The topography image (a) was measured in the constant-current mode with a gap voltage of -300 mV addressing occupied states and a tunneling current of 2.5 nA. The scan area (180 nm x 180 nm) comprises 3 surface steps of the W(110) substrate and spans a total height difference of about 0.8 nm including the islands on the topmost terrace. The post-annealing treatment at 560 K causes the Fe atoms in the second ML to diffuse to the step edges, where 2 ML high Fe stripes are formed [red marks in (c)]. Dislocation lines in the 2 ML areas [red arrow in (a)] run along the [001] direction. The simultaneously recorded dI/dV map at E-EF=-300 meV in (b) displays strong contrast in the 2 ML areas only. The dislocation lines appear as bright lines running along [001]. The alternating brown/yellow contrast is due to magnetic domains of the out-of-plane magnetized 2 ML-thick Fe film. The first Fe ML on W(110) is in-plane magnetized and does not contribute to the magnetic contrast of this image. The conductivity map was measured by lock-in detection at a frequency of 2700 Hz and a peak-to-peak modulation amplitude of 42 mV. The overlay of topography and dI/dV map in (c) gives a visual impression of the subtle nanoscale structure-magnetism correlation.


2. Detection of pure spin currents in in-situ fabricated and measured lateral spinvalves

We have developed a novel multi-stage fabrication process for lateral spinvalves that is performed completely in-situ in order to realize clean and well-defined interfaces. In addition, the ferromagnetic layers are topmost and thus accessible to surface sensitive techniques (e.g. SEMPA). The process is based on thermal evaporation and structuring with UHV-FIB. Our spinvalves comprise two ferromagnetic Co wires of different length that are attached to Cu leads.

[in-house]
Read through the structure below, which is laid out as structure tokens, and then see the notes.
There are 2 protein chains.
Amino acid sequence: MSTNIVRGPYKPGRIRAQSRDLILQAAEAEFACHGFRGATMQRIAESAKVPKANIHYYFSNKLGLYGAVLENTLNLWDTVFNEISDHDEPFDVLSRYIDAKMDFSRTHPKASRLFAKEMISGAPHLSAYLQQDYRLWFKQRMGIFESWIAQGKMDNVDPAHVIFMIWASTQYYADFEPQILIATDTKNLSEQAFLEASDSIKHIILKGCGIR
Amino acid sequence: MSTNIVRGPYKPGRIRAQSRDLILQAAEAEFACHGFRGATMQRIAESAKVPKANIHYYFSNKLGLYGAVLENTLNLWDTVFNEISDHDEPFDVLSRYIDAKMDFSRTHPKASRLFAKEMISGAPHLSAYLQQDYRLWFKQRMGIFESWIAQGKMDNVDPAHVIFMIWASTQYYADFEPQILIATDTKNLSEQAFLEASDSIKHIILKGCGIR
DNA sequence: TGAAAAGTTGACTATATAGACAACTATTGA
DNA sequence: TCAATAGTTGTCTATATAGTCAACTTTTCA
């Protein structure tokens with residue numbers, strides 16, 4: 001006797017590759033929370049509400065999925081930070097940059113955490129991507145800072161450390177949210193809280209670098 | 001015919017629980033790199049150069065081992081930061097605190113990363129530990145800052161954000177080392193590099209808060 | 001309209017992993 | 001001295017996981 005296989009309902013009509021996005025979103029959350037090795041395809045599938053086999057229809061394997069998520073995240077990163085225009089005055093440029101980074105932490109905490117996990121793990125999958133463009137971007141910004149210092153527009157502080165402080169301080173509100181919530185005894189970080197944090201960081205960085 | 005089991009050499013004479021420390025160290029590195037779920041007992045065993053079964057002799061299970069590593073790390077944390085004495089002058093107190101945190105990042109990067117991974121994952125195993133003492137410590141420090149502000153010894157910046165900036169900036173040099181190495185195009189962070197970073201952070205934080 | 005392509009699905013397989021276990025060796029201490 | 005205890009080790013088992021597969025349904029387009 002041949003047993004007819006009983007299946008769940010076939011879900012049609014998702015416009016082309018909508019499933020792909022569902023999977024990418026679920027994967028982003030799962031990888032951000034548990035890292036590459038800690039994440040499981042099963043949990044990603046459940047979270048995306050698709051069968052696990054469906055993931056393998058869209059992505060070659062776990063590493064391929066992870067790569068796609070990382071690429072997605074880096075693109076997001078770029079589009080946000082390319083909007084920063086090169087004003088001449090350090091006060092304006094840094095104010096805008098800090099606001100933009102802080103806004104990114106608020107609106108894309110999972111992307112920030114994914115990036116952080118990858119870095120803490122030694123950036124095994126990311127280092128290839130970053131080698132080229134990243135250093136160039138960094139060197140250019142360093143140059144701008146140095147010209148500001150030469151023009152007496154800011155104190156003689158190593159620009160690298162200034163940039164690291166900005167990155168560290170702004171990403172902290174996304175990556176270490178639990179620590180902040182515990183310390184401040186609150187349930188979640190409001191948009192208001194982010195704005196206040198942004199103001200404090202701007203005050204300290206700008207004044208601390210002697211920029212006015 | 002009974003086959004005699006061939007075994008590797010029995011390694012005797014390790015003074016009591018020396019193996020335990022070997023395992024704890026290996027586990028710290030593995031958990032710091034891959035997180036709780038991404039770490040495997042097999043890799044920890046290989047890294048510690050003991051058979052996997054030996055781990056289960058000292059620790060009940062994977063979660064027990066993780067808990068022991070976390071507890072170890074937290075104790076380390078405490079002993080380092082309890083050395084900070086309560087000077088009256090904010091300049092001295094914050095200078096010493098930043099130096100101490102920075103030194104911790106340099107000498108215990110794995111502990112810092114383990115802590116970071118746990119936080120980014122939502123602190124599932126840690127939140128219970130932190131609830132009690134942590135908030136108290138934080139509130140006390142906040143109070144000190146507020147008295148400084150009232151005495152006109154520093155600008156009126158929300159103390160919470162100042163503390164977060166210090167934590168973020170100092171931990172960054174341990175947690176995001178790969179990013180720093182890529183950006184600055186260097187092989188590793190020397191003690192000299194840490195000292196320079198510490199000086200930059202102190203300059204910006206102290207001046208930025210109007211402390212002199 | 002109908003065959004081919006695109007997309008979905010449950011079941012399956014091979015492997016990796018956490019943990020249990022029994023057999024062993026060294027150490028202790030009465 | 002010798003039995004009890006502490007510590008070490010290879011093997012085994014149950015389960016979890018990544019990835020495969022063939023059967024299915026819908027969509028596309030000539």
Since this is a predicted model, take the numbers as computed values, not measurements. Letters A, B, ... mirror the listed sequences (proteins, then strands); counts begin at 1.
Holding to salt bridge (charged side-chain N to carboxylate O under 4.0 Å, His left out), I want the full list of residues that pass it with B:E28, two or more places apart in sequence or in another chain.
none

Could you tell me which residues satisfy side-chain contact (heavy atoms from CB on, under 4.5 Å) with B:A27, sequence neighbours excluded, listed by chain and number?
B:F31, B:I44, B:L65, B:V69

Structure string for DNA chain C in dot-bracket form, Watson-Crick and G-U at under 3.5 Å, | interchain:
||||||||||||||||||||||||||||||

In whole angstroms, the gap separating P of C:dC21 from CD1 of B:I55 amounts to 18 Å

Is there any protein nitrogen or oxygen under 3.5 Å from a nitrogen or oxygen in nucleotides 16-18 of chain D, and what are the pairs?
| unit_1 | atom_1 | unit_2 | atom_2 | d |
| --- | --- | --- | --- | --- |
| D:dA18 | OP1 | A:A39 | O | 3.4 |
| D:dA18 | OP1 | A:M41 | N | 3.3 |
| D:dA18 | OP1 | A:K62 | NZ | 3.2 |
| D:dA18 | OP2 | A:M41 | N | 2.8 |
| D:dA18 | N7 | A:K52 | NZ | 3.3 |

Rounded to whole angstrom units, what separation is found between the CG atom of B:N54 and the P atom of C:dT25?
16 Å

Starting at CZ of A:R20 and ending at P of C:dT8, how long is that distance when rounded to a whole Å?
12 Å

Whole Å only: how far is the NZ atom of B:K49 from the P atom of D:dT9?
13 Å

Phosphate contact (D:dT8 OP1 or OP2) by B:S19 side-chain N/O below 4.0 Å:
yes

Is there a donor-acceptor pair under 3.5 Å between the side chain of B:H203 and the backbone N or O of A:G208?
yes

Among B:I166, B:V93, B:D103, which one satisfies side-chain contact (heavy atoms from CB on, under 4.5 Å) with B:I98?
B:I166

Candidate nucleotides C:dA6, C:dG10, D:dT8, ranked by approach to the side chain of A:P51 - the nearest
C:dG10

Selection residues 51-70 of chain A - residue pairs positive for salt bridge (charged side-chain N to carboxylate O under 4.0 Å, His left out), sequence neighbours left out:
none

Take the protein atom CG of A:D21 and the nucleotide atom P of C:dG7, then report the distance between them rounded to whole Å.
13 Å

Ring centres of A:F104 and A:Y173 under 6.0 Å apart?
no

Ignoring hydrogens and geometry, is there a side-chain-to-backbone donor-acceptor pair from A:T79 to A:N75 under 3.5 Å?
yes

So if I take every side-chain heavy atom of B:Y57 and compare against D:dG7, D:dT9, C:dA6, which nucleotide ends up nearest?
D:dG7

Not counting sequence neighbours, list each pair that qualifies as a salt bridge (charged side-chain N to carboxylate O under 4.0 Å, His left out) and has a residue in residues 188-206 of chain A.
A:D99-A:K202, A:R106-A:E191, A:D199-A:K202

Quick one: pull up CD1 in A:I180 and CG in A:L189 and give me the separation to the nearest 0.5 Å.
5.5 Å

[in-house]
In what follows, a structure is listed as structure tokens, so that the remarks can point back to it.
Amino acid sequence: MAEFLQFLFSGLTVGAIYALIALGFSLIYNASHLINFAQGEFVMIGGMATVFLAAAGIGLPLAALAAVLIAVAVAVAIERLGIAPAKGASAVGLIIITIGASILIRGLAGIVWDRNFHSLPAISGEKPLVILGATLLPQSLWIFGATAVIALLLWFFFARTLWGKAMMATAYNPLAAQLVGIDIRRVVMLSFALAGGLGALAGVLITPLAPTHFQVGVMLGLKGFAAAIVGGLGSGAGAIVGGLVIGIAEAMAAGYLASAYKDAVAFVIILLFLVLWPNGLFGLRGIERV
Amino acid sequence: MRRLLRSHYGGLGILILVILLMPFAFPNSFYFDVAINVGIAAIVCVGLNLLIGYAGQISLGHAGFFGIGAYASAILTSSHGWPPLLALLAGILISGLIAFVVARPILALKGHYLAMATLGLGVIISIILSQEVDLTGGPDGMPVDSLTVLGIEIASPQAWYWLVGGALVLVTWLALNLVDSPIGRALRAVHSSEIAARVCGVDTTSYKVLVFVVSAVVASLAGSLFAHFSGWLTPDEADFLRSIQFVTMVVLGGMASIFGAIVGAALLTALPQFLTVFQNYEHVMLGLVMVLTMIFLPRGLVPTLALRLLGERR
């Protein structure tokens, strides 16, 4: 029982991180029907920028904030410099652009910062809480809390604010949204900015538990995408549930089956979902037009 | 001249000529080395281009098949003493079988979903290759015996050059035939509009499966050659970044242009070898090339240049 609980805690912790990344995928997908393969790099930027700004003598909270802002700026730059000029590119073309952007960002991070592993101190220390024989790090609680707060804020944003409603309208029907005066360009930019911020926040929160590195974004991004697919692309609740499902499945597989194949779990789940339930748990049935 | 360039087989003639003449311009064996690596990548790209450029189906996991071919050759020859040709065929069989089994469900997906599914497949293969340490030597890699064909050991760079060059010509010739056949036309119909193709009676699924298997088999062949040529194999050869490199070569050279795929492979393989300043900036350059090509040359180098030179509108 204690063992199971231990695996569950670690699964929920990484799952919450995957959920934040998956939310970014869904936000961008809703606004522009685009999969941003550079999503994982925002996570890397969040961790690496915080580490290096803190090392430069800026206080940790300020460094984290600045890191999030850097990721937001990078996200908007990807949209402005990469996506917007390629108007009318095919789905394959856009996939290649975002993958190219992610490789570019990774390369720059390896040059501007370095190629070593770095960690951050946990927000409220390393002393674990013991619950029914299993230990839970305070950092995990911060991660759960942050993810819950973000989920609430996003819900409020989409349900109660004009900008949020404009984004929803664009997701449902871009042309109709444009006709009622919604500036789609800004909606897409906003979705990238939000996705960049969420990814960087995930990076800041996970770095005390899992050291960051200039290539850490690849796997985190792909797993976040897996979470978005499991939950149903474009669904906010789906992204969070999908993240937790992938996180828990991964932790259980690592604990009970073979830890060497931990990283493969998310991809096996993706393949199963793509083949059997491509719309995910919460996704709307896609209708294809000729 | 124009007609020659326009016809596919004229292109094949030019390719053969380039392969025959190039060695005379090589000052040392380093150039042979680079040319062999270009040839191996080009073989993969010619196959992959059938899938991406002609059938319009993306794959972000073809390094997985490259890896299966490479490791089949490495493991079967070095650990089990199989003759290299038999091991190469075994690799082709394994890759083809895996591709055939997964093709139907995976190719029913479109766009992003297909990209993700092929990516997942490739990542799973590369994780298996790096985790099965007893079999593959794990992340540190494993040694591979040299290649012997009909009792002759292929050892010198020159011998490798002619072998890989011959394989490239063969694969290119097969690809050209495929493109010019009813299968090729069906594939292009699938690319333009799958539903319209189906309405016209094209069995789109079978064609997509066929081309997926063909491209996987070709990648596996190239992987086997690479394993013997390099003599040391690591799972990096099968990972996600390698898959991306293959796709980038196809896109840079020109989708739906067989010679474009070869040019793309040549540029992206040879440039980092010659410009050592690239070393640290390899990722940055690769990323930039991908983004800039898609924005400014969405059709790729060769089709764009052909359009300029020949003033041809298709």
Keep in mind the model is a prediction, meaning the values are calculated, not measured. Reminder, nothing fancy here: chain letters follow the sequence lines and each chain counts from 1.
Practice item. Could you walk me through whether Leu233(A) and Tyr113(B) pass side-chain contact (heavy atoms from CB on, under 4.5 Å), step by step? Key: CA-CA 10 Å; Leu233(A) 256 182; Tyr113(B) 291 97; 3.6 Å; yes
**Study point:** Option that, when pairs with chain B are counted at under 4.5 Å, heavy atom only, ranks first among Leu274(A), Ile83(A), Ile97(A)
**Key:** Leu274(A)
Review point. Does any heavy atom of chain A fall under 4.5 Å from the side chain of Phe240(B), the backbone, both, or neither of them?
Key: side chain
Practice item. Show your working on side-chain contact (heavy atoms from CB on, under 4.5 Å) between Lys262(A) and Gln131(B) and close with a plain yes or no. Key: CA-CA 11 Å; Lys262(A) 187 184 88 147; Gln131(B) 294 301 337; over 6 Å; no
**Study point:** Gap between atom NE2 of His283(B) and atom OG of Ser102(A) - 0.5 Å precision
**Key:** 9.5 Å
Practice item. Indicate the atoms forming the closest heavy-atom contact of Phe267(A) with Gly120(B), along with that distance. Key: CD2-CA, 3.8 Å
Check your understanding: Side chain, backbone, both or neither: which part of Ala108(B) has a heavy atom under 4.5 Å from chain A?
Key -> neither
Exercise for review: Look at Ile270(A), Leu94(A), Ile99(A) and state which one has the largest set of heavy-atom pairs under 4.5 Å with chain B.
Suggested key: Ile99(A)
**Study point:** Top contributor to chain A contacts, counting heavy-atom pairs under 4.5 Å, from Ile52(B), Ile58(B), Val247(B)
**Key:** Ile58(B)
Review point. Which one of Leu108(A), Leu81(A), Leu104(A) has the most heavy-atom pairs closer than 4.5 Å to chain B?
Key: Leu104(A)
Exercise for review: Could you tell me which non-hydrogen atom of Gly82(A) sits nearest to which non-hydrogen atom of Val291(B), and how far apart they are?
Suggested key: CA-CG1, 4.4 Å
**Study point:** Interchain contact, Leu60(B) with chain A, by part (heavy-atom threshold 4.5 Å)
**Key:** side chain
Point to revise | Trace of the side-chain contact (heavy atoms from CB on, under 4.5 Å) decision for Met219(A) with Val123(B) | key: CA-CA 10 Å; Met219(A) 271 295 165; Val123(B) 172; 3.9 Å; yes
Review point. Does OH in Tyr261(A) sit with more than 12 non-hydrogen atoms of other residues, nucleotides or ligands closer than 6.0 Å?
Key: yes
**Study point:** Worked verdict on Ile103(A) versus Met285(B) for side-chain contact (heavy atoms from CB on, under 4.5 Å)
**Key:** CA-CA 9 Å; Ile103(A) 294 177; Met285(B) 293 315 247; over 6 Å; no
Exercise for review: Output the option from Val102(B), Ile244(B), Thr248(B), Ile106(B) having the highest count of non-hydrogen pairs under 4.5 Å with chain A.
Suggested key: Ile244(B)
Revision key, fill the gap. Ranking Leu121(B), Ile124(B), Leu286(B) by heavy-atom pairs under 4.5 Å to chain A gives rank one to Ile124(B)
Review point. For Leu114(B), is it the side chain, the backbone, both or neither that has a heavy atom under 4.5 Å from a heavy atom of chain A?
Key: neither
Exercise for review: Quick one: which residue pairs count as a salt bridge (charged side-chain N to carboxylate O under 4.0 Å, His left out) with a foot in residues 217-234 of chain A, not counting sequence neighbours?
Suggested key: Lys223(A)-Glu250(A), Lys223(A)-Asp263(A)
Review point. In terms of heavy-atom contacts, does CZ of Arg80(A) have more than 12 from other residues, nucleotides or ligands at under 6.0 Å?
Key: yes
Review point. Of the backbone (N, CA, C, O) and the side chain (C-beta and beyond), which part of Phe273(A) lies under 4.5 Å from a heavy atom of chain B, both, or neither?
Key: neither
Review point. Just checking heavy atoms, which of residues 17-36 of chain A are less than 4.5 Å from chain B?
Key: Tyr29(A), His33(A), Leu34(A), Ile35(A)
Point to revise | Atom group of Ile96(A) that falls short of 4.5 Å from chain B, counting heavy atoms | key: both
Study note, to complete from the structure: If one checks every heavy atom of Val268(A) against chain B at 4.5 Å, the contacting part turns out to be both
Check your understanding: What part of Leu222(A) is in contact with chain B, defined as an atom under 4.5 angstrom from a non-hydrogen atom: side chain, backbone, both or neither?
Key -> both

Figure: SEM micrograph of an in-situ fabricated lateral spin valve. FM1 and FM2 are ferromagnetic Co wires (blue) attached to Cu leads C1 to C4 (red).





For the non-local transport measurements a current I is applied between C1 and C4 in order to create spin accumulation in the Cu lead between C1 and C2. The pure spin current signal is detected as a voltage VS across C2 and C3, which depends on the relative magnetic alignment of FM1 and FM2.

Figure: Pure spin current signal RS=VS/I measured for two different excitation currents. The two levels in each measurement correspond to the parallel and antiparallel alignment of the magnetizations in FM1 and FM2. The magnitude of the effect of about 1 mΩ indicates clean interfaces.





The non-reproducible switching (e.g. at negative magnetic field) is due the formation of magnetic domains in the Co wires, which are stabilized by ion-beam induced roughness of the substrate. The SEMPA measurements indicate the formation of the so-called concertina domain structure.


Figure: SEM topography and corresponding SEMPA image of the ferromagnetic wires. In spite of their dimension (10 nm thick, 220 to 280 nm wide, and about 4 µm long) they reveals a rich domain structure similar to the schematically shown concertina structure.

Original Publication:

J. Mennig, F. Matthes, D. E. Bürgler, and C. M. Schneider
Observation and implications of magnetic domains in lateral spin valves
J. Appl. Phys. 111, 07C504 (2012).

3. Accessing 4f-states in single-molecule spintronics

Magnetic molecules are potential functional units for molecular and supramolecular spintronic devices. However, their magnetic and electronic properties depend critically on their interaction with metallic electrodes. Charge transfer and hybridization modify the electronic structure and thereby influence or even quench the molecular magnetic moment. Yet, detection and manipulation of the molecular spin state by means of charge transport, that is, spintronic functionality, mandates a certain level of hybridization of the magnetic orbitals with electrode states.

We have shown how a judicious choice of the molecular spin centres determines these critical molecule–electrode contact characteristics. In contrast to late lanthanide analogues, the 4f-orbitals of single bis(phthalocyaninato)-neodymium(III) molecules (NdPc2)adsorbed on Cu(100) can be directly accessed by scanning tunnelling microscopy. Hence, they contribute to charge transport, whereas their magnetic moment is sustained as evident from comparing spectroscopic data with ab initio calculations.